Some shy musicians may play the guitar or the piccolo in private. But it is practically impossible to be a private bagpipe player.
Their uniqueness is a change from their pre-retirement days when they performed with entire bands of pipers – Oldfield in Chicago and Mundy in Denver.
These days they turn heads whenever they show up at a Maricopa event, kilted, with drones set and chanter ready to go. The piercing sound of the pipes draws varied reactions, but Oldfield and Mundy have always had a strong affinity for the music.
“It’s an emotional response,” Oldfield said. “It stirs you.”
After a pause, he said, “It’s an instrument of war.”
In fact, Mundy is drawn to the deep history of the instrument in military action.
“It’s almost like you’re marching with the men in World War I, World War II or Korea,” Mundy said.
Oldfield, a 23-year veteran of the U.S. Navy and the finance officer and chaplain for American Legion Post 133, is often seen and heard at veteran events in Maricopa. Mundy, who is not a veteran, is asked to play at military and nonmilitary gatherings as well.
Over the years, they have both done their share of Celtic celebrations, from January’s traditional Robert Burns Suppers, to the “Irish times” events of March to a variety of highland games and Caledonian gatherings across the country. (A Burns Supper honors the Scottish bard’s birthday just weeks after so many closed out the old year by singing Burns’ enduring “Auld Lang Syne.”)
In those settings, anyone in a kilt fits right in. Frequently, they are required. Oldfield wears a MacMillan tartan. Mundy wears the Colorado state tartan.
They are also invited to play not-necessarily-Celtic events where a kilt draws stares – weddings, funerals, military and first-responder events, golf tournaments, church services, flag-raisings and, in Oldfield’s case, at least one bachelorette party.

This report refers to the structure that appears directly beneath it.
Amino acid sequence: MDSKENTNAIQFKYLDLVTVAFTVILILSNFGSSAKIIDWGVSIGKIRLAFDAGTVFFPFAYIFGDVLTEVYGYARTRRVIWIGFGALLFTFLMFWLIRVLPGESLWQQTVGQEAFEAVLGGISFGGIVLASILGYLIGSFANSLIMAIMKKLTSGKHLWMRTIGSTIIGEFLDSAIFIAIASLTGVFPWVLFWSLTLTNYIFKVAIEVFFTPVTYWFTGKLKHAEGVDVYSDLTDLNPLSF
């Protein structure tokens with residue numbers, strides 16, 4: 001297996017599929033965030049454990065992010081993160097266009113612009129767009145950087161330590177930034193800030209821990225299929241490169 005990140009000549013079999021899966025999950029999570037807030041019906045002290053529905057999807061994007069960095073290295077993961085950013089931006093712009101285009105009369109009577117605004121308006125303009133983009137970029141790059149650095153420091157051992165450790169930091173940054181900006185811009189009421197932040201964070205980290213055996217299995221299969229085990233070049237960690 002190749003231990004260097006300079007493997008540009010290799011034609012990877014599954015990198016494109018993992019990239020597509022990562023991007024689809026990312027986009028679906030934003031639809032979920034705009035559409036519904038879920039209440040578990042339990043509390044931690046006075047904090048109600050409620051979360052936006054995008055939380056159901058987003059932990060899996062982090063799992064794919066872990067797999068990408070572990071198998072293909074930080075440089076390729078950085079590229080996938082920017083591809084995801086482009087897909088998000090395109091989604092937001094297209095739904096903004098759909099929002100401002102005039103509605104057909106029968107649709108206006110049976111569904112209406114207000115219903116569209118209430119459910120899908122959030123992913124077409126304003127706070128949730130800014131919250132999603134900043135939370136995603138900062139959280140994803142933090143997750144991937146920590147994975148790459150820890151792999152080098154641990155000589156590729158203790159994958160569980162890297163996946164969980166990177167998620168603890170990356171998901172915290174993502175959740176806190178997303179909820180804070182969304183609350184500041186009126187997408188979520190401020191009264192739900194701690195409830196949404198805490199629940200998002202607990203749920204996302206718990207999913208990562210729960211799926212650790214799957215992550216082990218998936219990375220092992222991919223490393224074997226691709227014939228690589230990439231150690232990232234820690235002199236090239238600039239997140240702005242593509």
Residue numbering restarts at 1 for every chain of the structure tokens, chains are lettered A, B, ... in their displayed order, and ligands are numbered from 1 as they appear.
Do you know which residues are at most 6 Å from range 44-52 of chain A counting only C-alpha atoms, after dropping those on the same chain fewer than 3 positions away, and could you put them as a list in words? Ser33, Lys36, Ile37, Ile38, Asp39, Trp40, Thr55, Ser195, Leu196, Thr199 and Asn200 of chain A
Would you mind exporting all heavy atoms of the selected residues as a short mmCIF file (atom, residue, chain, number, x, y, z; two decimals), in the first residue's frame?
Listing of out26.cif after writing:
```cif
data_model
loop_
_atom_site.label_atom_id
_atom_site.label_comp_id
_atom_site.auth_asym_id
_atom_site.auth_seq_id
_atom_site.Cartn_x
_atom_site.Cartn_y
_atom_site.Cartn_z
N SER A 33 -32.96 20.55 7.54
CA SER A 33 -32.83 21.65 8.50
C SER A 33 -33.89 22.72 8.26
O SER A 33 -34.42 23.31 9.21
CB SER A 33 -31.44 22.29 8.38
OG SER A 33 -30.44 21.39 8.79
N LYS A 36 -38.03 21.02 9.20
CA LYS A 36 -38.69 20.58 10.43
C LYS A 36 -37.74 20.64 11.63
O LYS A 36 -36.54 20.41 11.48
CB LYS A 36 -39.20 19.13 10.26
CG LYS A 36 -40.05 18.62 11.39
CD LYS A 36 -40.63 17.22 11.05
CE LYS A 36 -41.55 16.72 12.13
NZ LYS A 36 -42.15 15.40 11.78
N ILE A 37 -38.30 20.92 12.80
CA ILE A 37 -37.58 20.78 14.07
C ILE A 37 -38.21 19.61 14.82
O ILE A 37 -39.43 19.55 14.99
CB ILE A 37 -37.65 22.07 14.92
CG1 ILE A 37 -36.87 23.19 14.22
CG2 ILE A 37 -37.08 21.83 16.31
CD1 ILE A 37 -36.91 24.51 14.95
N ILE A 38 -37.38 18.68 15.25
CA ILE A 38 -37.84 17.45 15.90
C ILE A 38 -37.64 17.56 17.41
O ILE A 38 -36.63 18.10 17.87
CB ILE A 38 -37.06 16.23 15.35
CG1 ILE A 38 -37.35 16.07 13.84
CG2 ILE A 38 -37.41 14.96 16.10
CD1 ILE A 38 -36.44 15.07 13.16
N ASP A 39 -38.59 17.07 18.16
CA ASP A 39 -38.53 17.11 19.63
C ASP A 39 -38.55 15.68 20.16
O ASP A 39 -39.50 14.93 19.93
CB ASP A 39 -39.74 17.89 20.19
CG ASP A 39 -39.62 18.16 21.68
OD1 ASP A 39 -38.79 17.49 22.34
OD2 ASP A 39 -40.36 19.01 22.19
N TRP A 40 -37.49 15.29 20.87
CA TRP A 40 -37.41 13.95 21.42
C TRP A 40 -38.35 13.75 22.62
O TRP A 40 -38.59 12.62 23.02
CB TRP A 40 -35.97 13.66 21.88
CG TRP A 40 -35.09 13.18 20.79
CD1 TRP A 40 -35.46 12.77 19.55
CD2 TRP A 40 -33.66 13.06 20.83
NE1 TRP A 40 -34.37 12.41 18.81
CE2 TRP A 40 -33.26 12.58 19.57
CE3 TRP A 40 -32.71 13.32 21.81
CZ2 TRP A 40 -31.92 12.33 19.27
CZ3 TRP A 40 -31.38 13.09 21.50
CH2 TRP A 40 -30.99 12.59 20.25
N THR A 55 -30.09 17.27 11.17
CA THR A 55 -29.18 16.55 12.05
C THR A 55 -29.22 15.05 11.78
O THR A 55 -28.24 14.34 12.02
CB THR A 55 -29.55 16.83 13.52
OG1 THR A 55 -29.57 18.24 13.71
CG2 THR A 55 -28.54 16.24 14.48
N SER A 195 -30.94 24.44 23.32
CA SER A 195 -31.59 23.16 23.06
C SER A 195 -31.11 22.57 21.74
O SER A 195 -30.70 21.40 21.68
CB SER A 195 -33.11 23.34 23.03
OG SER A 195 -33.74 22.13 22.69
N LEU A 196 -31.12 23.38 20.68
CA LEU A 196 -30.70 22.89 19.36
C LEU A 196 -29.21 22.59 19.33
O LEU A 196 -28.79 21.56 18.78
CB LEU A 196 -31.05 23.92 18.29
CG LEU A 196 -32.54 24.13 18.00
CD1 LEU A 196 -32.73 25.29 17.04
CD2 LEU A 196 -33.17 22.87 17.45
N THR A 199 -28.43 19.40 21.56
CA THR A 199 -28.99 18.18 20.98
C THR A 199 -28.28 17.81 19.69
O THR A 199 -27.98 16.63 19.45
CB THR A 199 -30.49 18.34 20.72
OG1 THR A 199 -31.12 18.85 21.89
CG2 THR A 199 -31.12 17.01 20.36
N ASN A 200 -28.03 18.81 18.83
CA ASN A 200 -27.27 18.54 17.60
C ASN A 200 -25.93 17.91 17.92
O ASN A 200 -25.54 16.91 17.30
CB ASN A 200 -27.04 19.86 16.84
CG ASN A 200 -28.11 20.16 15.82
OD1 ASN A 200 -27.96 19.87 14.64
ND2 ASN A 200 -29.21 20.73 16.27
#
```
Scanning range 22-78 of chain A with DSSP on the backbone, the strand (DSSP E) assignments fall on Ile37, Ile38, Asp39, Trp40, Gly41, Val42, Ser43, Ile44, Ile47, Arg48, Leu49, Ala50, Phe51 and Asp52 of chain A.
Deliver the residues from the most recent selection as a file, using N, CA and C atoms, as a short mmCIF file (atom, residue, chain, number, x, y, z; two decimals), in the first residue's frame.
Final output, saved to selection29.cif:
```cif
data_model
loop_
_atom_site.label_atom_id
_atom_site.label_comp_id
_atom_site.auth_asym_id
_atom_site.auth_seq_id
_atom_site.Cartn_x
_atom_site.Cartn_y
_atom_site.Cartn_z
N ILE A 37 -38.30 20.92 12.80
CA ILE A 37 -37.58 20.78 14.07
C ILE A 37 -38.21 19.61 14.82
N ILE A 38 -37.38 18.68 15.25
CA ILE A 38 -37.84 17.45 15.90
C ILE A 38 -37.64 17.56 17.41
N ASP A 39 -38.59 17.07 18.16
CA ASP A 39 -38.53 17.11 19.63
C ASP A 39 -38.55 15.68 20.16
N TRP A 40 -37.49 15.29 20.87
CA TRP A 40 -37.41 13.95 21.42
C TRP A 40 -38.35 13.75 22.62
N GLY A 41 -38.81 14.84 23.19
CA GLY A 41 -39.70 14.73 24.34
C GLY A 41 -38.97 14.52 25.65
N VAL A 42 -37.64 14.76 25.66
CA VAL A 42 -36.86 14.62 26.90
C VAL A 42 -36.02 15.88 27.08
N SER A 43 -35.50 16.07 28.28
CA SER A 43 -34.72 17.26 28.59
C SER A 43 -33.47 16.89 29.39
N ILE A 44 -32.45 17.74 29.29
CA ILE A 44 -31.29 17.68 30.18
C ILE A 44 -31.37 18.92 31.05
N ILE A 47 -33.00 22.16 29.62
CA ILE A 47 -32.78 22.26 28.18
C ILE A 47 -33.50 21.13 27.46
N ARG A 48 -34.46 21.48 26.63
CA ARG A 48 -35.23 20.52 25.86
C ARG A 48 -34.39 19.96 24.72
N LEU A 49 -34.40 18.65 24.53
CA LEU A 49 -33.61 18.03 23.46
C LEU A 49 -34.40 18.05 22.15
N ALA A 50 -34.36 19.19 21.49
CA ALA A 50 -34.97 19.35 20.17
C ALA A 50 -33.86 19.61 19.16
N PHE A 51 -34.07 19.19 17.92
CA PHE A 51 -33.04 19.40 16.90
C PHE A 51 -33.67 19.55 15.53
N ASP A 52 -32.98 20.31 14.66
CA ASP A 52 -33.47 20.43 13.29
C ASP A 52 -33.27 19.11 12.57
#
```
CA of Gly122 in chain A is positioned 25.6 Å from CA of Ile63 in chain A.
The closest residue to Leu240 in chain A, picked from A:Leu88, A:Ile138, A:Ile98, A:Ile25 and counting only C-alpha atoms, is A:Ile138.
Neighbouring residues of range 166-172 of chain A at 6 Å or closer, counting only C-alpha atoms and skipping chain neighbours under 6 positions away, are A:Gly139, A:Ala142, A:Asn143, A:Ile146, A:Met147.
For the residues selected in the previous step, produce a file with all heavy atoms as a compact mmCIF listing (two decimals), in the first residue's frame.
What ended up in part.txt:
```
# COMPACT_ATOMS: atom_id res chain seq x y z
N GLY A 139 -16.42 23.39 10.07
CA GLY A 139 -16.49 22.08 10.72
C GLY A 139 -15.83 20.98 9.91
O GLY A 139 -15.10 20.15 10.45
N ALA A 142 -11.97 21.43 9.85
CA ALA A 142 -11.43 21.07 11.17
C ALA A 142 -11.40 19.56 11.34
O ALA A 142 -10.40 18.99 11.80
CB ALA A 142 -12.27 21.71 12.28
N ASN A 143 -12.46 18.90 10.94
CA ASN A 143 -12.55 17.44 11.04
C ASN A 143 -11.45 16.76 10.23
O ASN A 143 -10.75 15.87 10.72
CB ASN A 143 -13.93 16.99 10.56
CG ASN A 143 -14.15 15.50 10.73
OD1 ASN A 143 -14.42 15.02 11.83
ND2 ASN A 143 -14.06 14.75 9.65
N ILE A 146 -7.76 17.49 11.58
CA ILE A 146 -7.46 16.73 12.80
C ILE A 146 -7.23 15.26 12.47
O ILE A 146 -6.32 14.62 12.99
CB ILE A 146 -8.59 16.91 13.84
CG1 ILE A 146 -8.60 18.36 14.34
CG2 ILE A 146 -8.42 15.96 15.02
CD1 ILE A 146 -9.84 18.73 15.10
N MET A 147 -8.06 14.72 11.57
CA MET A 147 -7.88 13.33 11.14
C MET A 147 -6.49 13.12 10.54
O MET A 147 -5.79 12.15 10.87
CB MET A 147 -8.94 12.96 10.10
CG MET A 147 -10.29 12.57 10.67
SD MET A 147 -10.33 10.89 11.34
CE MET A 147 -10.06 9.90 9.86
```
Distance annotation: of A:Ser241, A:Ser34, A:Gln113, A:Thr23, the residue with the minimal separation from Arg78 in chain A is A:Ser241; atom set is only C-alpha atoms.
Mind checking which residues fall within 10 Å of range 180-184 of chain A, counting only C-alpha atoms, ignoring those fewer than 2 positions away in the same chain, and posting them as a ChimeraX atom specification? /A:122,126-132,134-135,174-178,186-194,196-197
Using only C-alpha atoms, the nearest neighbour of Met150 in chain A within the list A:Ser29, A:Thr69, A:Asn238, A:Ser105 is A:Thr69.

They share war stories from piping competitions, pub crawls and parades. (“Horses don’t like bagpipes,” Mundy said.) Oldfield spoke of one parade in weather so miserable there were no attendees. The band had enough, took a right turn and marched into a pub.
Already playing guitar, banjo and mandolin, Oldfield took up the bagpipes in his 40s. His wife Bonnie encouraged him to pursue lessons, something he had always wanted to do. Through an acquaintance he met bagpipe teacher Scott McCawley, who was studying to be a priest at the time.
“It’s a process,” Oldfield said. “It was more than a year before I could play a tune on the bagpipes.”
Mundy’s story is similar. The son of an English father who became a naturalized American and a Canadian mother who did not, Mundy had a lot of exposure to pipe bands in Ottawa. When he was in his early 50s and a psychologist for drug and alcohol addiction, his significant other Judy found top-grade bagpiper Ben Holmes in the phone book and convinced Mundy to give it a try.
That training led to performances just about everywhere from a Denver Broncos game to a roller derby.
For both Oldfield and Mundy, the most unforgettable experience piping has brought them travel to Edinburgh, Scotland, with thousands of massed pipes and drums playing in thunderous unity.
“That’s a whole different ballgame,” Mundy said.
One of Mundy’s most memorable performances was a solo “concert” for an ill veteran of World War II who wanted to hear the pipes again before he died. Mundy played 45 minutes of Scottish airs.
Oldfield cautions prospective bagpipers to be patient and expect many months of lessons. Bagpipes have only nine notes, which calls for adapting and substituting in some music. Besides standards that are among his favorites like “Highland Cathedral” and “Amazing Grace” he will play an assortment of popular and patriotic tunes when appropriate.
Mundy has a fondness for “The Dark Isle” and what requesters were calling “that other Scottish song” until he figured out they were asking for “Scotland the Brave.”
While the first bagpipe instrument may have first appeared in the Middle East more than 2,000 years ago, Scotland perfected it and made it a symbol of national pride and even insurgence. As the Scots proverb goes, “Twelve highlanders and a bagpipe make a rebellion.”
Britain’s Highland regiments, dating to the 18th century, often brought bagpipers into war. They also often wore kilts, leading the Germans in WWI to call them “Ladies from Hell.”
WWI journalist Michael MacDonagh described the response to bagpipe music as “impressions, moods, feelings inherited from a wild untamed ancestry.”
American writer Loretta Chase described it as the “sound of death and torture and the agonies of a burning hell.”
Whatever it is, it is not subtle.
“There’s one level of sound. There’s no soft,” Mundy said.
This story appears in the January issue of InMaricopa.